Much has been written about Task vs. Relationship Leadership. Of course, there are benefits to both leadership styles, and it is generally understood that leaders need to utilise both. Yet, as a coach working with senior executives, I see that many leaders remain too focused on the task side of leadership. Nothing has made this more apparent than the coronavirus pandemic (which I will discuss in a minute).
The Task vs. Relationship Leadership spectrum is an important lens for mid- and senior-level leaders to apply when assessing their effectiveness. However, there are three reasons why this tool may be underutilised:
- A general lack of awareness among leaders of this management concept. Some may understand it intuitively but may not have clarity around how it applies to them or how they can leverage it to become a better leader.
- Too many leaders remain habitually focused on only the task side of the spectrum. This gives them a huge amount of strength—because they are results-focused and driven. They make things happen through action (but it ignores the strengths that the relationship side offers).
- Many senior leaders still believe that in order to make things happen, the task-oriented style is the correct focus. Why might this be?
- During junior and middle leadership, they may have been rewarded and promoted because of their ability (and sometimes their preference) to primarily work on the task side.
- Their family backgrounds instilled task-focused values and behaviours (sometimes at the expense of their emotional intelligence). Given this, part of the journey of any senior leader is an excavation of the past, never more so for those who don’t understand why it can be so difficult to work relationally.
- They believe that ‘If “I” am not doing, “I” am not creating value’. For many, it’s counterintuitive for them to ‘let go’ of the task, because they believe that their significance and accountability equals ‘I’m doing’.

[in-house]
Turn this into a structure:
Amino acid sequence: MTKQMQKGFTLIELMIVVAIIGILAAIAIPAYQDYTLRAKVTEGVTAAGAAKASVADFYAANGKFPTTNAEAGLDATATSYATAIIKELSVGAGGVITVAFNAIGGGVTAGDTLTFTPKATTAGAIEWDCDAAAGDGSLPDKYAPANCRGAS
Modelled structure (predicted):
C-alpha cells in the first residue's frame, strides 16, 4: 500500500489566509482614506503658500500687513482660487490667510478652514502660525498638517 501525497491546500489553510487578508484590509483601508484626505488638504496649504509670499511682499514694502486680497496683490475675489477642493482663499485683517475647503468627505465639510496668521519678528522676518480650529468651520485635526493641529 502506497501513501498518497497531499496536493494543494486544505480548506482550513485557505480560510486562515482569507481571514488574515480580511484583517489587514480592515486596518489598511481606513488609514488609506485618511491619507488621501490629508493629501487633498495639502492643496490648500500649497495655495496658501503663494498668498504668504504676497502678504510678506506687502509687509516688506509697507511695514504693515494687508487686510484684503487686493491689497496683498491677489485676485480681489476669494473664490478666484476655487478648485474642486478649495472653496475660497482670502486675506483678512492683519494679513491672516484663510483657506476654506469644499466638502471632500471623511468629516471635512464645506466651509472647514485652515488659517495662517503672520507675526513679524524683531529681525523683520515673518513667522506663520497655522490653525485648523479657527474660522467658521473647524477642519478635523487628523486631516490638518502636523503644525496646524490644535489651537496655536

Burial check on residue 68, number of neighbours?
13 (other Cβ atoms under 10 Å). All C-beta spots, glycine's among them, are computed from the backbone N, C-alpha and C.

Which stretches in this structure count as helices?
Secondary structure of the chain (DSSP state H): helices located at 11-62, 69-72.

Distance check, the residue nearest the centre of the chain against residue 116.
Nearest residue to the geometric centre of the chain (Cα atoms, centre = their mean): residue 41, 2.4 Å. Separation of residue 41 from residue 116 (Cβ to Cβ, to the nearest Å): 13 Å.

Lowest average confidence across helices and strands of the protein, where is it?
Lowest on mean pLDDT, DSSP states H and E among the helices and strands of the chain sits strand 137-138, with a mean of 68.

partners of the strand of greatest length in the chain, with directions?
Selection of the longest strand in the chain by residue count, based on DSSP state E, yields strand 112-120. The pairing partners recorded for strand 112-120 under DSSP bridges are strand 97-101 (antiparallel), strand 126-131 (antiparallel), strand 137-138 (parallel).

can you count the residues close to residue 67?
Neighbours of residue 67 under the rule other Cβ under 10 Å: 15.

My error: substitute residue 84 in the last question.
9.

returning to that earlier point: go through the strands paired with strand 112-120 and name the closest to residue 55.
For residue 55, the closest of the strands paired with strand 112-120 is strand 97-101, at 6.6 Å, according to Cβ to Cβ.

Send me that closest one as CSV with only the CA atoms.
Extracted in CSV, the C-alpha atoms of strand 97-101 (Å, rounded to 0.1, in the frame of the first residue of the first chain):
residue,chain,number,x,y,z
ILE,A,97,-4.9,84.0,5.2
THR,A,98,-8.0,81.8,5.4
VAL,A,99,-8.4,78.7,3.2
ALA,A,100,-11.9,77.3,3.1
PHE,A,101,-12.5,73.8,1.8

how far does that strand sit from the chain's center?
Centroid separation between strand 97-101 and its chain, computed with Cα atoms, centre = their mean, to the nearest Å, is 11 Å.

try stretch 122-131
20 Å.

The pandemic has enabled some leaders to shift more attention to the relational side of the spectrum because they are forced to confront their own and others’ emotions and psychology around the crisis. It’s simply unavoidable. Unprecedented uncertainty, and constantly changing conditions, means the ability to pivot and flex at pace across the spectrum has become paramount to effectively leading people.
But this shift is not easy for everyone. One leader I coach took on a new GM role a few months prior to the pandemic. He’d been given the role because he was a results-driven problem-solver with a track record for driving change. In spite of this, he still found himself struggling to get his people to understand why they should focus their efforts on improving the business. Why? Because he had not invested the time to understand his people’s motivators and blockers.
As the coronavirus struck, his task-focused leadership enabled him to refocus the business from bricks-and-mortar to online offerings for customers. Despite his ability to proffer clear steps and solutions to his team, some of his people were stuck and unable to move—frozen by fear and anxiety. One senior team member, overwhelmed by her fears, literally did nothing for weeks with any of their agreed actions.
Because this leader was primarily task focused, he was missing the opportunity to facilitate conversations that would enable his staff to articulate and process their emotions and become ‘unstuck’. In order to achieve his desired outcomes, he needed to focus on ‘the people’, not ‘the project’. In short, he needed to create the time and space for his people to adjust psychologically to new circumstances.
His story illustrates the fact that—pandemic or not—many senior leaders remain over-focused on the task-oriented approach to leading people.
Naturally, there are situations that call for leaders to be 100% focused on the task side of the equation—especially in times of acute crisis. If four of your factories go down in southern China, you need go into ‘command and control’ mode. You recalibrate product orders, redirect people and logistics and reroute supply chains—ideally, within 24 hours. However, in times of chronic crisis, as we are experiencing now, we need to see an evolution of leadership that moves more towards working relationally. The paradox is when leaders spend more time on the relationship side of the spectrum, output on the ‘task’ side increases.
Use the graphic below to assess where you spend most of your time in any given week. Now think about where you spend your time month-to-month. Senior leaders ideally spend 60-80% of their time on the Relationship side of the spectrum.
Ask yourself three questions:
- ‘Where am I spending my time?’
- ‘What is my average weekly or monthly ratio?’
- ‘What do I need to do differently to improve as a leader?’